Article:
Spring 2017
Fridays, 2:00-3:00pm, KAP414

For questions, contact one of the organizers: Juhi Jang, Igor Kukavica, Nabil Ziane, or Christian Zillinger

Thursday, January 12, 2017, 3:30-4:30pm in KAP 245

Polona Durcik, University of Bonn

Entangled multilinear forms and applications

Abstract: We discuss L^p estimates for some multilinear singular integral forms and their applications to sharp quantitative norm convergence of ergodic averages with respect to two commuting transformations, quantitative cancellation estimates for the simplex Hilbert transform, and a question on side lengths of corners in dense subsets of the Euclidean space.

Friday, February 10, 2017

Eun Heui Kim, California State University, Long Beach

Two dimensional Riemann problems for the nonlinear wave system: Rarefaction wave interactions

Abstract: We analyze rarefaction wave interactions of self-similar transonic irrotational flow in gas dynamics for the two dimensional Riemann problems. We establish the existence result of the transonic solution to the prototype nonlinear wave system for the sectorial Riemann data, and study the formation of the sonic boundary and the transonic shock.

Friday, March 10, 2017

Ming Chen, University of Pittsburgh

Solitary stratified water waves

Abstract: We consider 2D steady water waves with heterogeneous density. The presence of stratification allows for a wide variety of traveling waves, including fronts, so-called generalized solitary waves with ripples in the far field, and even fronts with ripples! Among these many possible wave patterns, we prove that for any smooth choice of upstream velocity and monotone streamline density function, there always exists a continuous curve of solitary waves with large amplitude, which are even and decreasing monotonically on either side of a central crest. As one moves along this curve, the horizontal fluid velocity comes arbitrarily close to the wave speed. We will also discuss a number of results characterizing the qualitative features of solitary stratified waves. In part, these include bounds on the Froude number from above and below that are new even for constant density flow; an a priori bound on the velocity field and lower bound on the pressure; a proof of the nonexistence of monotone bores for stratified surface waves; and a theorem ensuring that all supercritical solitary waves of elevation have an axis of even symmetry. This is a joint work with Sam Walsh and Miles Wheeler.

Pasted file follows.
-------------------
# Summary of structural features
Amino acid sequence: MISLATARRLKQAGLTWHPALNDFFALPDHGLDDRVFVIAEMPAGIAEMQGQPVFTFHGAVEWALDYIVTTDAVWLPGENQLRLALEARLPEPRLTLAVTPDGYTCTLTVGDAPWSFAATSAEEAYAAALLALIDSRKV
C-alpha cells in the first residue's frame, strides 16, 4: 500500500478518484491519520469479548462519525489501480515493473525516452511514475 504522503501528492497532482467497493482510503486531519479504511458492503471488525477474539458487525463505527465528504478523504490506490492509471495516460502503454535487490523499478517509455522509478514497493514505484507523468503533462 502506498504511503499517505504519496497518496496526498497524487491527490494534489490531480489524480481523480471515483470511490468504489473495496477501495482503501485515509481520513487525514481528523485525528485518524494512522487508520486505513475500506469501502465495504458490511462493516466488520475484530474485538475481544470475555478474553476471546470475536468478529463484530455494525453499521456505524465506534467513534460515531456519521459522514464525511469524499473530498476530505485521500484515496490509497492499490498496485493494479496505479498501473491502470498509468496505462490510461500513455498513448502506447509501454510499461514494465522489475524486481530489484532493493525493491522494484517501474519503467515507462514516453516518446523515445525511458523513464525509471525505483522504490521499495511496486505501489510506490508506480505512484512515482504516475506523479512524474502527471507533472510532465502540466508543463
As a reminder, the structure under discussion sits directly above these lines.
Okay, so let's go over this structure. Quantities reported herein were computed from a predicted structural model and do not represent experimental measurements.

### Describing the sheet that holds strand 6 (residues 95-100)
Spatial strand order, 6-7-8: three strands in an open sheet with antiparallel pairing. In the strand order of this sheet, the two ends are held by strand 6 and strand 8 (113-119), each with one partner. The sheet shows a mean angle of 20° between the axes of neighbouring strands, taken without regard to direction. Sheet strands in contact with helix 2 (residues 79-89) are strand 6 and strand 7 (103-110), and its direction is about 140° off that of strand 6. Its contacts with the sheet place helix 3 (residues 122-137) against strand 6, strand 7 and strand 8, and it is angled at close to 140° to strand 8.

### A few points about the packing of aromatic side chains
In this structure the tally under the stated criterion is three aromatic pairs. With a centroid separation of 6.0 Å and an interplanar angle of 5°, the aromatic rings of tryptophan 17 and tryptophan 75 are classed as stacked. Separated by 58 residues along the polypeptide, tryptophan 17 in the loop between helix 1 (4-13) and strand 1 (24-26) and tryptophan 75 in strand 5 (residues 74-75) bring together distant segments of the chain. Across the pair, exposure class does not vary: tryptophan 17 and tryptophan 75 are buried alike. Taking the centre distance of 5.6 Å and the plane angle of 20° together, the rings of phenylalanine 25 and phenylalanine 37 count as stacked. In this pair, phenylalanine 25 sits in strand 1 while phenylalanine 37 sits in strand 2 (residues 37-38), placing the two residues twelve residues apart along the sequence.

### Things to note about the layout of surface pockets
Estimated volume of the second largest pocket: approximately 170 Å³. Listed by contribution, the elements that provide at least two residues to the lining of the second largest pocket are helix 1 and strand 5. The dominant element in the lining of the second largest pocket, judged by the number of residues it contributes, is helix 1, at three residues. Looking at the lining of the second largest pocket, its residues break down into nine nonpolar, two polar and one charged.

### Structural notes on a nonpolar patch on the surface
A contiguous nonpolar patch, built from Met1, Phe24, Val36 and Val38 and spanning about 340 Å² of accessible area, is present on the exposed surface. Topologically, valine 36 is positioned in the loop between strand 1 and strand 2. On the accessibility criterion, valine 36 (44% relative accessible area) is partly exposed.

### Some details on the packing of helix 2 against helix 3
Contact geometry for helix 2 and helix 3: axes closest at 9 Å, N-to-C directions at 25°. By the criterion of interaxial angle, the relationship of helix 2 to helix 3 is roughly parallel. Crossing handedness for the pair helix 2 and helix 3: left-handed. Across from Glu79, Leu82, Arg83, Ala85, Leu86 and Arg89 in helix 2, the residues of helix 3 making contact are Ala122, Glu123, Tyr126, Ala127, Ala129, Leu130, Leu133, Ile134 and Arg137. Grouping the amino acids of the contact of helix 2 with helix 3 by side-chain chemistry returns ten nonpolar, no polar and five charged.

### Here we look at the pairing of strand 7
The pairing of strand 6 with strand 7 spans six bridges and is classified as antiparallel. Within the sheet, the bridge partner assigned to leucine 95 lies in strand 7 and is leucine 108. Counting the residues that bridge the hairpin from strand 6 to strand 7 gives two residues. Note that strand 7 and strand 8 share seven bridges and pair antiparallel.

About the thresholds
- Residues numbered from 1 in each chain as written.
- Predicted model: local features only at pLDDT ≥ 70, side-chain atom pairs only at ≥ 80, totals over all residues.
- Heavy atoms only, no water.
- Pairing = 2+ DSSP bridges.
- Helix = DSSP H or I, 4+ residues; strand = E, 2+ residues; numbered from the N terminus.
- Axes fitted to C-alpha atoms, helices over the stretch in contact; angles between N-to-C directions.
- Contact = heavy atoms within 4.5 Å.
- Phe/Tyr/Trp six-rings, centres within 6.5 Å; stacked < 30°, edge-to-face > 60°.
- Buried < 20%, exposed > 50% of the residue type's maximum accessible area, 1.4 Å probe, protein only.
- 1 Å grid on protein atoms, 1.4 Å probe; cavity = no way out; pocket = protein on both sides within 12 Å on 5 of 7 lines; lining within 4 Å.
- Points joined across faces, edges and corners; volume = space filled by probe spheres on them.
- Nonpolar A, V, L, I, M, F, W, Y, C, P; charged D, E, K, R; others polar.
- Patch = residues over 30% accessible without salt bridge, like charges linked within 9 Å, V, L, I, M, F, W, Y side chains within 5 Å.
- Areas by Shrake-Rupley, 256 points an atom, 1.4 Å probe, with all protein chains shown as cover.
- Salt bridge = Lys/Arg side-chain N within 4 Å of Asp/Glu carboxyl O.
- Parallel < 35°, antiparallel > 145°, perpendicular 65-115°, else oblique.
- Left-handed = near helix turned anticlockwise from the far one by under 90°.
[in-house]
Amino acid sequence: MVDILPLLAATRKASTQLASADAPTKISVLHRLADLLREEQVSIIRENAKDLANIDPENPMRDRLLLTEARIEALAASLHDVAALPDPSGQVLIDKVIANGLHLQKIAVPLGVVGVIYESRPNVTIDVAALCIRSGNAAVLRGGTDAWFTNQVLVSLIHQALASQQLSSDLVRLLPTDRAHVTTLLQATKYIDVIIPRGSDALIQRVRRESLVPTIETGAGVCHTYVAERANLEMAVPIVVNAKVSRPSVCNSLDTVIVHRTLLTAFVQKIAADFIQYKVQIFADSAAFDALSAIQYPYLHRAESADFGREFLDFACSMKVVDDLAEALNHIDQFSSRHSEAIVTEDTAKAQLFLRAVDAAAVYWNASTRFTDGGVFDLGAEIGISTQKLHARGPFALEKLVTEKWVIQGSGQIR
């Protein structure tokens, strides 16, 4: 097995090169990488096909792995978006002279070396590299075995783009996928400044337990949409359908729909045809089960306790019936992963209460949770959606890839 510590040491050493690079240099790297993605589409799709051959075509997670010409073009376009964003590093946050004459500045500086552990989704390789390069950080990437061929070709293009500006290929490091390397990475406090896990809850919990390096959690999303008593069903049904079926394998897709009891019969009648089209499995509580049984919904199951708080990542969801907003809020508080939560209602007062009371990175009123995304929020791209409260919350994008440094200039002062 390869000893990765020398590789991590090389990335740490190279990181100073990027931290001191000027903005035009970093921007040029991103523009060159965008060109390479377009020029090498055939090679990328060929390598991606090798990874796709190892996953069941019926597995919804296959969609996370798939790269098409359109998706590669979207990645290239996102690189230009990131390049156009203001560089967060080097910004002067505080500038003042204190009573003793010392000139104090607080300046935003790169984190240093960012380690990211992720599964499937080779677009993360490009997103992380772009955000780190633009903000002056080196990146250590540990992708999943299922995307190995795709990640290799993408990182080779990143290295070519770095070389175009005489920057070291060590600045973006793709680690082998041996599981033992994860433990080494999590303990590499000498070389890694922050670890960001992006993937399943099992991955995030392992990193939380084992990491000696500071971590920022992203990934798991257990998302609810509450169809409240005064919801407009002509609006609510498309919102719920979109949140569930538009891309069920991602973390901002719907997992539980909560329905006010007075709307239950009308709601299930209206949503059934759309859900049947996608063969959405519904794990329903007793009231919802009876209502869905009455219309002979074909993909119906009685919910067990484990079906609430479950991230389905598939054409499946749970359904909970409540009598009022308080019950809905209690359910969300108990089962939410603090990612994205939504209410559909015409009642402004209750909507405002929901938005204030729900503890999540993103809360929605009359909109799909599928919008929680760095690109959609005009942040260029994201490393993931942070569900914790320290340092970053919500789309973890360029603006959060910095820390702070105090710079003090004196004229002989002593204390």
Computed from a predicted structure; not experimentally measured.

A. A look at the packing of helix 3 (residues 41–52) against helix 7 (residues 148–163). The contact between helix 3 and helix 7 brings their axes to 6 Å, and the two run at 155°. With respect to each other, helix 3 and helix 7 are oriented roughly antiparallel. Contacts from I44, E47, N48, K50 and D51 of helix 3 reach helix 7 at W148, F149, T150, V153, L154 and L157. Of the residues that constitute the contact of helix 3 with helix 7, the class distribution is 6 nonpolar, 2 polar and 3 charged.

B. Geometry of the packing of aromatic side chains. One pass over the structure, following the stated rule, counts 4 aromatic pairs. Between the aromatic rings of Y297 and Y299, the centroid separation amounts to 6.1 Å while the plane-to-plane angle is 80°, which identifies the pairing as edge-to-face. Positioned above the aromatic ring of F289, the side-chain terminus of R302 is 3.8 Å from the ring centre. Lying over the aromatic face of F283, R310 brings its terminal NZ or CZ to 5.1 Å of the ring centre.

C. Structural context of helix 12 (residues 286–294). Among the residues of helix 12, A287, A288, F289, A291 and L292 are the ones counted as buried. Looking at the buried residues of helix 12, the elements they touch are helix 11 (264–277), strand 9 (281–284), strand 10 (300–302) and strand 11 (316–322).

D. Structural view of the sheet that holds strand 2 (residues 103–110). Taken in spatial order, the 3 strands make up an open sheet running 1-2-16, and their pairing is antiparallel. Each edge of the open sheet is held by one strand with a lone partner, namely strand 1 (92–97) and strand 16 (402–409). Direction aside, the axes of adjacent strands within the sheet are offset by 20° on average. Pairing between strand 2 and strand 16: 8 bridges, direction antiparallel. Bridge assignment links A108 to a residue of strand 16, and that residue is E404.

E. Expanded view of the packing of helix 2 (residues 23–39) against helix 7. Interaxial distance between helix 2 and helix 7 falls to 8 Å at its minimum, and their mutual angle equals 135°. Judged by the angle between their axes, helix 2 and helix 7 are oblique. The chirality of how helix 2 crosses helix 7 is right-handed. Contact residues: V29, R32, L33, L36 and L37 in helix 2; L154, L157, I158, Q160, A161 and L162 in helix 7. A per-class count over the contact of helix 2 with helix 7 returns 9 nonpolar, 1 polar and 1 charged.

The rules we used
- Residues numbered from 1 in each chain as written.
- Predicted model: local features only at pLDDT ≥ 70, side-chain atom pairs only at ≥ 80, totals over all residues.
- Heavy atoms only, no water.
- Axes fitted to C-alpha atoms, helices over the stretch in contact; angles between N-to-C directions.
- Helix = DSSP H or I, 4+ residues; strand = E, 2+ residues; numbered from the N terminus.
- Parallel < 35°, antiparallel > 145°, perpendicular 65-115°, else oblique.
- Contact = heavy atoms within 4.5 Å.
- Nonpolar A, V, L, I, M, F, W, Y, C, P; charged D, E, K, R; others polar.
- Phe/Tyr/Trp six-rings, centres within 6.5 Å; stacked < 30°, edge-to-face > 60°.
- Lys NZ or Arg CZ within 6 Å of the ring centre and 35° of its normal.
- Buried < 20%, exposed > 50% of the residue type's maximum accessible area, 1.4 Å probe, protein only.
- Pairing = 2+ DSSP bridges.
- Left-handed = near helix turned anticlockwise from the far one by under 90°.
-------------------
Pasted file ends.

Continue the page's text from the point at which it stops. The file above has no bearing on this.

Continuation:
Friday, March 24, 2017

Alpar Richard Meszaros, UCLA

Density constraints and congestion effects in advection-diffusion equations

Abstract: In this talk I will present how the theory of optimal transport can be used to study some PDE systems (not necessarily having a gradient flow structure) describing the evolution of the density of a population subject to a density constraint. In this context a particular emphasis will be on a Fokker-Planck type equation. From the modeling point of view this equation can describe the movement of a crowd in a bounded domain, when individuals try to follow a given spontaneous velocity field, but are subject to a Brownian diffusion and - to avoid congestion - have to adapt to a density constraint. From the mathematical point of view, a pressure gradient appears in the PDE (active only in the saturated zones) which affects the movement. The presented results are based on joint works with F. Santambrogio (Paris-Sud, Orsay) and with S. Di Marino (SNS, Pisa).

Friday, March 31, 2017

Marcelo Disconzi, Vanderbilt University

The three-dimensional free boundary Euler equations with large surface tension.

Abstract: We study the incompressible free boundary Euler equations with surface tension in three spatial dimensions. We establish existence and uniqueness of solutions to the initial value problem. Then, we prove that under natural assumptions, when the coefficient of surface tension tends to infinity, solutions to the free boundary motion converge to solutions of the Euler equations in a domain with fixed boundary. Finally, we present new a priori estimates for smooth solutions to the free-boundary equations

Friday, April 14, 2017, 4:30pm

Alexey Miroshnikov, UCLA

title: On the problem of dynamic cavitation in nonlinear elasticity

Abstract: In this work we study the problem of dynamic cavity formation in isotropic compressible nonlinear elastic media. Cavitating solutions were introduced by J.M. Ball (1982) in elastostatics and by K.A. Pericak-Spector and S. Spector (1988) in elastodynamics. They turn out to decrease the total mechanical energy and provide a striking example of non-uniqueness of entropy weak solutions (in the sense of hyperbolic conservation laws) for polyconvex energies. In our work we established various further properties of cavitating solutions. For the equations of radial elasticity we construct self-similar weak solutions that describe a cavity emanating from a state of uniform deformation. For dimensions d = 2,3 we show that cavity formation is necessarily associated with a unique precursor shock. We also study the bifurcation diagram and do a detailed analysis of the singular asymptotics associated to cavity initiation as a function of the cavity speed of the self-similar profiles. We show that for stress-free cavities the critical stretching associated with dynamically cavitating solutions coincides with the critical stretching in the bifurcation diagram of equilibrium elasticity. This is a joint work with A. Tzavaras (KAUST).